While the filling-to-rice ration was a little out of whack here, it was still a good roll, and we shared an enormous platter of veggie tempura. Their younger son, E, professed to not be too hungry, but he ended up nibbling on a bunch of the stuff that we all had. Plus, he was served an enormous virgin piña colada, which undoubtedly filled him up too.
With bellies full, we headed out to what was supposed to be our last stop – another Megapaca. Everyone got some more items and we started heading back to Antigua. On the way, though, Bethany remembered that there was a small health food store in a strip mall nearby. She follows a vegan diet, and this place had some hard-to-find items for her, such as vegan butter.
Called Healthy Deli…it wasn’t quite that. If being at Save-a-Lot was like walking into an American supermarket, being at Healthy Deli was like being in a very small Whole Foods. To an extent. Sure, they had a variety of good coconut oils and milks, almond milks, gluten-free soy sauce and things like that. But there was also a wide selection of American junk food – Kettle brand potato chips, candy bars and especially – to A and E’s delight – cereals!
Most importantly, Bethany found the items she’d been looking for, so it was a successful stop. We headed back to Antigua, where we went first to their home. We unloaded all of their stuff, leaving mine behind in the car. We then sorted out all the cold stuff from the big cooler they’d brought. Then, leaving the kids behind to put things away, Bethany and Paul drove me back to my house and helped me bring everything in. I gave them a quick tour of the space, and they were excited to have not just a new friend down the street (as was I) but a fun, new bakery as well.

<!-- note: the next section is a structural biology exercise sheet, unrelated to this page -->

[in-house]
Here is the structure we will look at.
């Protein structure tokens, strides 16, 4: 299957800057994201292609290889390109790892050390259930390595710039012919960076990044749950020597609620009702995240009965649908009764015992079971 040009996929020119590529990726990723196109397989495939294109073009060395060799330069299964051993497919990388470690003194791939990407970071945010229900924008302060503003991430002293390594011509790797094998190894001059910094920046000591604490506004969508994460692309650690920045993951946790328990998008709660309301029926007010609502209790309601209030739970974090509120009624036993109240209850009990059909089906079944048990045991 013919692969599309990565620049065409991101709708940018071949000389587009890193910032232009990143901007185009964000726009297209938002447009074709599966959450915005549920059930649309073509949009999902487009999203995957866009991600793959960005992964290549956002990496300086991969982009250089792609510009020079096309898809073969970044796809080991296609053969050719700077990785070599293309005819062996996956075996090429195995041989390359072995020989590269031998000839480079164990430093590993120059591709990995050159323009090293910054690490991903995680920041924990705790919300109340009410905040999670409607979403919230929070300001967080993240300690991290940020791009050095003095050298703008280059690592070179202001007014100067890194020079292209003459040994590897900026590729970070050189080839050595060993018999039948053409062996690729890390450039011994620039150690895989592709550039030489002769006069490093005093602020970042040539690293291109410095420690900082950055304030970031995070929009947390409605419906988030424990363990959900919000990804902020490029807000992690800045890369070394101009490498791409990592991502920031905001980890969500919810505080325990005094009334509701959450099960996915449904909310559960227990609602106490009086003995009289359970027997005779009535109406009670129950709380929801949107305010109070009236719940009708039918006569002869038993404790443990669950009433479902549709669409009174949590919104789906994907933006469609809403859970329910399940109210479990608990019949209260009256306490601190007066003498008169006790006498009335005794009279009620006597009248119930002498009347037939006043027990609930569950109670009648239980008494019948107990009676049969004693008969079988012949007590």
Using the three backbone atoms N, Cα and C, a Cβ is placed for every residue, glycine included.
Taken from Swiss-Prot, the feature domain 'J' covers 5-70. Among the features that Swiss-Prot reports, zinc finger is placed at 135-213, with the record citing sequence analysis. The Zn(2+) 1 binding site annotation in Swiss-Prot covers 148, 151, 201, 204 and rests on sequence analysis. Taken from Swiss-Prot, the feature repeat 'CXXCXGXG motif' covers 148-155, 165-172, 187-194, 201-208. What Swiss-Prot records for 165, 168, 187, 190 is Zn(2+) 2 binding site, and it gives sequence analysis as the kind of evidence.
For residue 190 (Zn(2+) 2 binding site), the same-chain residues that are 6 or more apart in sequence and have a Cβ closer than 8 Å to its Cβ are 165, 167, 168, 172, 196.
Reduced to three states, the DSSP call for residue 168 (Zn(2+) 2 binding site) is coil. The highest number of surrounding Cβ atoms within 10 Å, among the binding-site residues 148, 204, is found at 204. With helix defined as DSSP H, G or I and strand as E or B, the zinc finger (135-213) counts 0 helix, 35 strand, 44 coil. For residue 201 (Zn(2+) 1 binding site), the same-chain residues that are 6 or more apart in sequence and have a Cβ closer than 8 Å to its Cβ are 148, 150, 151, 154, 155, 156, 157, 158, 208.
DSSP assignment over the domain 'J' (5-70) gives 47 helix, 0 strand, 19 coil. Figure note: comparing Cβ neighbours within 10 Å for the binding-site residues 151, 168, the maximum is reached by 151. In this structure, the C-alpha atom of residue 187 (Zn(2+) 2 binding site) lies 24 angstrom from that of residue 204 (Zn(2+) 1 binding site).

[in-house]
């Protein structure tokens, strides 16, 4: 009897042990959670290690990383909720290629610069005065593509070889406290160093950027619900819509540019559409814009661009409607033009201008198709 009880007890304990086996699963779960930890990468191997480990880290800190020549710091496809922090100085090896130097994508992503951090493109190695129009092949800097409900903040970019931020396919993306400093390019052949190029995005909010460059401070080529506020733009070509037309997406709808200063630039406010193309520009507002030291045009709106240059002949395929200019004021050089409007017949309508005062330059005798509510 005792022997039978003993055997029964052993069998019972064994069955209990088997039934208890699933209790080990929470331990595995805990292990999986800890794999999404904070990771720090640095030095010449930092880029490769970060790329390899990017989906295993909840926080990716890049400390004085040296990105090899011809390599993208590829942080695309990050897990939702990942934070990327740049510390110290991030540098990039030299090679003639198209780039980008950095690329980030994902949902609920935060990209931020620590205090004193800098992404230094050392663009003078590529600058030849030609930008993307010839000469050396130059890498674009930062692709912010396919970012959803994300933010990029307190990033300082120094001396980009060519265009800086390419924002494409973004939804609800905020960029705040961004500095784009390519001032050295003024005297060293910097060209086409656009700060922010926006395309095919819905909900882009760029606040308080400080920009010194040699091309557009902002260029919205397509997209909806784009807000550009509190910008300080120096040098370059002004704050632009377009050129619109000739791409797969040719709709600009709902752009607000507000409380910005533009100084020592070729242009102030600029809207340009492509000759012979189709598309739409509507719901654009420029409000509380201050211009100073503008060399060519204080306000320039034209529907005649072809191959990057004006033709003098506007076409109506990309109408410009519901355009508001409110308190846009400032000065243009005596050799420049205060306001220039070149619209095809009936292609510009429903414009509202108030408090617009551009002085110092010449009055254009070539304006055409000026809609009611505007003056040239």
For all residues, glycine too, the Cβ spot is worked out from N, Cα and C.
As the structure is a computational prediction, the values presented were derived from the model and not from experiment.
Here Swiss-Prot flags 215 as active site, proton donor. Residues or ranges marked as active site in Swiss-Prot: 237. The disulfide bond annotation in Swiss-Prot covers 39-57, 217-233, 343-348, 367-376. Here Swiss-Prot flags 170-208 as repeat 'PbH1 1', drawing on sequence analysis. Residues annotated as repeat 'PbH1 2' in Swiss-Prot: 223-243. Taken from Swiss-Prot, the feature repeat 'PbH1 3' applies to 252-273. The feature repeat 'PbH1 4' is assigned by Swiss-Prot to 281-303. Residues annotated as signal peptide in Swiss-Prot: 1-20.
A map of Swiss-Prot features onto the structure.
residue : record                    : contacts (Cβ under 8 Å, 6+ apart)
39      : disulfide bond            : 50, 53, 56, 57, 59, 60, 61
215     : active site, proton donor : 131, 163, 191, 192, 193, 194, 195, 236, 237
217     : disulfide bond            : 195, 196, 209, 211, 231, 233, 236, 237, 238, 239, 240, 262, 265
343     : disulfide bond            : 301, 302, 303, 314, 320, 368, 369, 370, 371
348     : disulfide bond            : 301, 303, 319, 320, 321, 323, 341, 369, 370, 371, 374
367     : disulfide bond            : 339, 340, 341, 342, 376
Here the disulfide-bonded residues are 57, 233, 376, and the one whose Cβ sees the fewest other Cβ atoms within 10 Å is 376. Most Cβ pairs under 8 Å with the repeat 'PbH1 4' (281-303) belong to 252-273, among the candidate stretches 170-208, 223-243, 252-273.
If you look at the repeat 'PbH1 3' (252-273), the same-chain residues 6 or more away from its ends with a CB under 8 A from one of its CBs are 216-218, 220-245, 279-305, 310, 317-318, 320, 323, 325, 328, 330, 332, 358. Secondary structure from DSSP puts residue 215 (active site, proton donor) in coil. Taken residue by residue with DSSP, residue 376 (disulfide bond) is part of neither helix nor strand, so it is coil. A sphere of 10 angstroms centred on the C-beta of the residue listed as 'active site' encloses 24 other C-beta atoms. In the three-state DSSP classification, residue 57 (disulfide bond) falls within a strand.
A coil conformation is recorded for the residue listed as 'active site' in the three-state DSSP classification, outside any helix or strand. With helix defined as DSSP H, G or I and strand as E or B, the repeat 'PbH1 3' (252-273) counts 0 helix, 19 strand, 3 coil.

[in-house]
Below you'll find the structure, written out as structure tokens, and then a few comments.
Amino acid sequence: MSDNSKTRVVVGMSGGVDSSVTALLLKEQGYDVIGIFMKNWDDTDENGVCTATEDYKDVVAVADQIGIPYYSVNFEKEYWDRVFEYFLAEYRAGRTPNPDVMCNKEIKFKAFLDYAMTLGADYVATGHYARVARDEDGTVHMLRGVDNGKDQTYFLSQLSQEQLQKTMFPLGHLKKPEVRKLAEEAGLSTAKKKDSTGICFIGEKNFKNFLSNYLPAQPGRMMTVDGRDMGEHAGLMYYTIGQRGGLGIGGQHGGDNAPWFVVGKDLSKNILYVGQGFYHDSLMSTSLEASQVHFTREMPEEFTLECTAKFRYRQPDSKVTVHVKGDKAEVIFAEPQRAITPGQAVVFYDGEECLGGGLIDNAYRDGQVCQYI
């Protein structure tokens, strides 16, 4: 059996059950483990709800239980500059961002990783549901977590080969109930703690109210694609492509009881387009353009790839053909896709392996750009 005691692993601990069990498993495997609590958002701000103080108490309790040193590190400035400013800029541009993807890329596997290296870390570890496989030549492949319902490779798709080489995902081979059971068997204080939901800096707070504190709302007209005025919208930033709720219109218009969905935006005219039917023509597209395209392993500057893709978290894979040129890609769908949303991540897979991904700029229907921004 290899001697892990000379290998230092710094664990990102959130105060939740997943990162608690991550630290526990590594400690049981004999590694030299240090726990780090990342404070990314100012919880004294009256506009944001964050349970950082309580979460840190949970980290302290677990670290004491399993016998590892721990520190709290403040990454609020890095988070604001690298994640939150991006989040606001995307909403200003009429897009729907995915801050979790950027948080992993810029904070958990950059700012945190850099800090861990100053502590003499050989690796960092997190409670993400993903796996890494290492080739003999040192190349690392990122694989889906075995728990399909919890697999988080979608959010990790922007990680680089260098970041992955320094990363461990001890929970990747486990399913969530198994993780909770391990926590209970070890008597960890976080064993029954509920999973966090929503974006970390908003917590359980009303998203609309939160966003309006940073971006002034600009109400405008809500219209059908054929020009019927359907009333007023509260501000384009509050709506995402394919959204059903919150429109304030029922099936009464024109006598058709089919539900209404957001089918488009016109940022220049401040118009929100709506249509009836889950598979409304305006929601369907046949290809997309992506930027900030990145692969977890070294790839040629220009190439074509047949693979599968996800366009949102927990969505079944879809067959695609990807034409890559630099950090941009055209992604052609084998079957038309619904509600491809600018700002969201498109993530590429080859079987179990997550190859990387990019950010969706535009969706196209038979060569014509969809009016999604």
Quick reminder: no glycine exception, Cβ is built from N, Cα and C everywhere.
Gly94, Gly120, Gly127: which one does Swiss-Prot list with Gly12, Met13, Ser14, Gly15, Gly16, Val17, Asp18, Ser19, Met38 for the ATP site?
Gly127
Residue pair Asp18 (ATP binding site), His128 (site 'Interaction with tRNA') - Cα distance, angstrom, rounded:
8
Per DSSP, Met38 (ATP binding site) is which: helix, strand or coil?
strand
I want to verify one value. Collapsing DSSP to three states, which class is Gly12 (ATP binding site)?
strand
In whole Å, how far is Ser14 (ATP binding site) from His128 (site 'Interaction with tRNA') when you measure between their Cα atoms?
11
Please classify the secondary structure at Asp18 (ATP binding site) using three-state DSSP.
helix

The rest of the week was pretty uneventful. I had three straight days of selling sourdough, cinnamon rolls and scones, before taking Friday off to prepare for Saturday’s Caoba market.
One of the most exciting things, though, was getting this shelf installed. Sergio, who built the curtain rods for all the rooms in the house/bakery, also built this shelf for me. He also constructed a small table – on wheels – for my big mixer. Having this shelf allowed me to be much better organized. Now nearly everything I need as I work is in front of me, and I can better use the space below the work tables to keep larger quantities of flours and sugars. Makes a huge difference.
Meanwhile, I was enjoying my purchases from Monday’s trip to the city. I’ve now made the sandwich above four or five days in a row and haven’t gotten sick of it yet. I did, however, run out of colby jack and have switched next to the package of mozzarella I also bought at Save-a-Lot. It’s a simple and delicious sandwich, and one that’ll be easy to replicate for customers at the bakery, once I get to that step. The chorizo, from PriceSmart, is thinly sliced, which makes sandwich prep a breeze. I can pre-grate a big batch of the cheese, so that’ll easy. And I’d likely add some caramelized onions to this, too.
Friday was a huge day. One of the final elements, before I felt comfortable opening the bakery, was having security doors installed. The first one, in front of the wooden door which opens to the street, serves two functions. First, it provides an extra level of protection and security. Second, it allows me to keep the wooden doors open for light and ventilation but still have a barrier to the outside.